The American bison became our “national mammal” when President Obama signed the National Bison Legacy Act into law in 2016. The designation is appropriate, recognizing the parallel paths followed by this magnificent animal and the American approach to conservation.
The first Saturday in November has been recognized as National Bison Day since 2013. I’ve listed it on November 2 because—well, the history of conservation is a little light for this day.
But American bison aren’t light. They are heavy! The bison (Bison bison) is the largest land animal in North America. Males stand up to 6.5 feet tall at the hump on their shoulders and reach 12.5 feet in length; females are a bit smaller. Large males can weigh well over one ton. The front of the bison body is well insulated, with heavy fur and thick fat deposits, allowing it to withstand low temperatures, roaring winds and blizzard snows. In a seeming defiance of the weather, it faces into any storm—what better symbol for the American spirit!
In the 1500s, bison lived throughout North America, east to west and from Alaska to northern Mexico. Their large herds were synonymous with the Great Plains. As Walter Prescott Webb wrote in The Great Plains, “Historically the buffalo had more influence on man that all other Plains animals combined. It was life, food, raiment, and shelter to the Indians. The buffalo and the Plains Indians lived together, and together passed away.”
That passing away occurred in the Great Plains after the closing of the frontier in 1869, when railroads first reached in a continuous track from coast to coast. Bison hunting became big business. Techniques were developed for tanning bison skins into high-quality leather. Bison bones were identified as excellent raw materials for fine-bone china, and bones also were used in sugar refining and as mineral supplements in fertilizer. Bison meat was harvested to feed railroad-building crews, and massive amounts were wasted. From the comfort of luxury railroad cars, wealthy adventurers took up bison hunting. A railway engineer in 1873 said that one could walk 100 miles along the Santa Fe railroad by stepping from one bison carcass to the next, never touching the ground.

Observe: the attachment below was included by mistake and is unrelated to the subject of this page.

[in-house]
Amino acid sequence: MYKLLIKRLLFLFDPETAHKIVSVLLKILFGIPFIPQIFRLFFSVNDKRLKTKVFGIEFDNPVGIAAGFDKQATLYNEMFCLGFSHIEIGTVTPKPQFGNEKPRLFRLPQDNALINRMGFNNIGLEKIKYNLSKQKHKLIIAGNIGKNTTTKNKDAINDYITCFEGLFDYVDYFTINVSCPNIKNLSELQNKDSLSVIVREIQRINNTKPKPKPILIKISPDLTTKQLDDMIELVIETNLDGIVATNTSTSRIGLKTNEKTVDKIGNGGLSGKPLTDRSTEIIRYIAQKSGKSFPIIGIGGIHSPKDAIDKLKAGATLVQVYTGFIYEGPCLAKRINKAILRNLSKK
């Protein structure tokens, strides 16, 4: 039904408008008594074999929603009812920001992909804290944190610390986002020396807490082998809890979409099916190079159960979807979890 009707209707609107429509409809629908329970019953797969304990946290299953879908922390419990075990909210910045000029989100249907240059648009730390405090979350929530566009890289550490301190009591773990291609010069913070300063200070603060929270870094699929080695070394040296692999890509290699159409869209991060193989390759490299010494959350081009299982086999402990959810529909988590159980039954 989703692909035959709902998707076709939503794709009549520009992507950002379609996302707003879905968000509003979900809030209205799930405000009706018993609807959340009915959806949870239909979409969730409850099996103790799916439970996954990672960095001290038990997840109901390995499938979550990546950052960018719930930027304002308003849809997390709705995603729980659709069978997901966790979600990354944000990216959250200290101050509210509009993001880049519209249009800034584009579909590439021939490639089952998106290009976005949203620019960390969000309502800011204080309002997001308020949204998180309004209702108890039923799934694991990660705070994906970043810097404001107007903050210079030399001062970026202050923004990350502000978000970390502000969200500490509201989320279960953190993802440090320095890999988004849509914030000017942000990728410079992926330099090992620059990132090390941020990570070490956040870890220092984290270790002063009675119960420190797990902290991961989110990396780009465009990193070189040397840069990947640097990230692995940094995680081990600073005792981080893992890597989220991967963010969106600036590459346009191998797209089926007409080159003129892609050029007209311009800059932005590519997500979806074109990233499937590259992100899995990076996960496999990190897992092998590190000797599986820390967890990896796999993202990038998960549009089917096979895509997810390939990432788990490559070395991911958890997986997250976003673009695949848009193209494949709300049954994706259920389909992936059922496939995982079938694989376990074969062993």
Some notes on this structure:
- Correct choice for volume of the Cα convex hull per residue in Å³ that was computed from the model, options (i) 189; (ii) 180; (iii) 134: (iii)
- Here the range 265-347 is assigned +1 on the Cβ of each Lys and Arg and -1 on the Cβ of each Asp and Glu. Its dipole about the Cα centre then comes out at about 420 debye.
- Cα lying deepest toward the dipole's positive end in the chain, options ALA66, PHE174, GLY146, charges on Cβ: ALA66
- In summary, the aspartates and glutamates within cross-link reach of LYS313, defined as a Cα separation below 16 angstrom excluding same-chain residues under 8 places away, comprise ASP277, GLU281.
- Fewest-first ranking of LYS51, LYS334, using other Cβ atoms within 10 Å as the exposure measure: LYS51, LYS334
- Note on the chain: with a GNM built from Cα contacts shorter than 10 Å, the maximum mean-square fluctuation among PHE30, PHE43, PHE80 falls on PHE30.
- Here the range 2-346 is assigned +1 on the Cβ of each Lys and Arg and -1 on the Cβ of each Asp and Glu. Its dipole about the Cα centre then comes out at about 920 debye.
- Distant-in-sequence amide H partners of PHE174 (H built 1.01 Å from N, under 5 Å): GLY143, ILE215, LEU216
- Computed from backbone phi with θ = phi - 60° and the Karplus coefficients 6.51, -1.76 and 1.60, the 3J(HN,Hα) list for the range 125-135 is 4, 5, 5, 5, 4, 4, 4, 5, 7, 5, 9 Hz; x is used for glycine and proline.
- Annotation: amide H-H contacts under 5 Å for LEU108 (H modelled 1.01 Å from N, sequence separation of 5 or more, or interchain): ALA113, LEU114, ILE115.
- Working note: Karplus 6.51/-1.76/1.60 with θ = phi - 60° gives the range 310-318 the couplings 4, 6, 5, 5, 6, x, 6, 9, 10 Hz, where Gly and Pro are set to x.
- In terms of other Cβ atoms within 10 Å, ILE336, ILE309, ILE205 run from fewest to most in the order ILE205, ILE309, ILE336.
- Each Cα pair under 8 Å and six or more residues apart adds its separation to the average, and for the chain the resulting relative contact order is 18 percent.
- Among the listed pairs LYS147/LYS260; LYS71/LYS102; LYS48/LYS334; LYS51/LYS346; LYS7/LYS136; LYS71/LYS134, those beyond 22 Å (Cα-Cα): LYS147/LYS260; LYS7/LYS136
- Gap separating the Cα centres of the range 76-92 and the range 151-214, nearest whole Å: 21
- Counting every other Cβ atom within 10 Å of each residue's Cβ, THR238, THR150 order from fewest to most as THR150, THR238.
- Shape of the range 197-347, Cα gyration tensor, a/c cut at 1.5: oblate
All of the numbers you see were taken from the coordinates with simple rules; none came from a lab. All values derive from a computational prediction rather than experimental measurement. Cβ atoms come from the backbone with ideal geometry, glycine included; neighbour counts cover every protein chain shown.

By 1883, the bison was nearly gone from the United States. The few remaining herds numbered only a hundred or so animals, and all existed only in protected areas like Yellowstone National Park. The loss of bison was dramatic, but the circumstance was being repeated for species after species. The Passenger Pigeon, once the most common bird on the continent, was gone from the wild. White-tailed deer and Wild Turkeys were similarly hunted to near extinction.
Many bills were introduced toward the end of the 19th Century to protect bison, at both state and federal levels. Few made it into law and those that did were mostly ignored. Bison, like other aspects of the environment, were low priorities to a country bent on conquering nature.
Things began to improve in 1900, when the federal government passed the Lacey Act. This law prohibits trade in fish, wildlife and plants across state lines if they have been illegally taken. When state laws began to make commercial harvest of wild animals illegal, the Lacey Act effectively ended market hunting.
And the good news, as we know, is that the American bison has made a dramatic recovery (and so have many other wild species). Today, about 20,000 wild bison live in the U.S. and Canada. Almost all are in protected areas like national parks and bison preserves. The IUCN Red List categorizes bison as “near threatened” (just one click above “least concern”) with stable populations, but dependent on the continued care of conservation organizations and government agencies. Moreover, about 160,000 bison now live on private farms, where they are raised for food and other products.
As the National Bison Legacy Act states, “Bison are considered a historical symbol of the United States; bison are integrally linked with the economic and spiritual lives of many Indian tribes…; bison can play an important role in improving the types of grasses found in landscapes to the benefit of grasslands”—and much more.
Govtrack. S. 2032 (114th):National Bison Legacy Act. Available at: https://www.govtrack.us/congress/bills/114/s2032/text. Accessed November 1, 2017.
IUCN. Bison bison. IUCN Red List. Available at: http://www.iucnredlist.org/details/2815/0. Accessed November 1, 2017.
National Bison Association. 2016. 2016 National Bison Day Declared. Available at: https://bisoncentral.com/press-release/2016-national-bison-day-declared/. Accessed November 1, 2017.
University of California-Berkeley. Buffalo Quotes. Available at: https://nature.berkeley.edu/departments/espm/env-hist/espm160/assignments/buffalo/buff_qts.htm. Accessed November 1, 2017.
U.S. Fish and Wildlife Service. Time Line of the American Bison. National Bison Range Wildlife Refuge Complex. Available at: https://www.fws.gov/bisonrange/timeline.htm. Accessed November 1, 2017.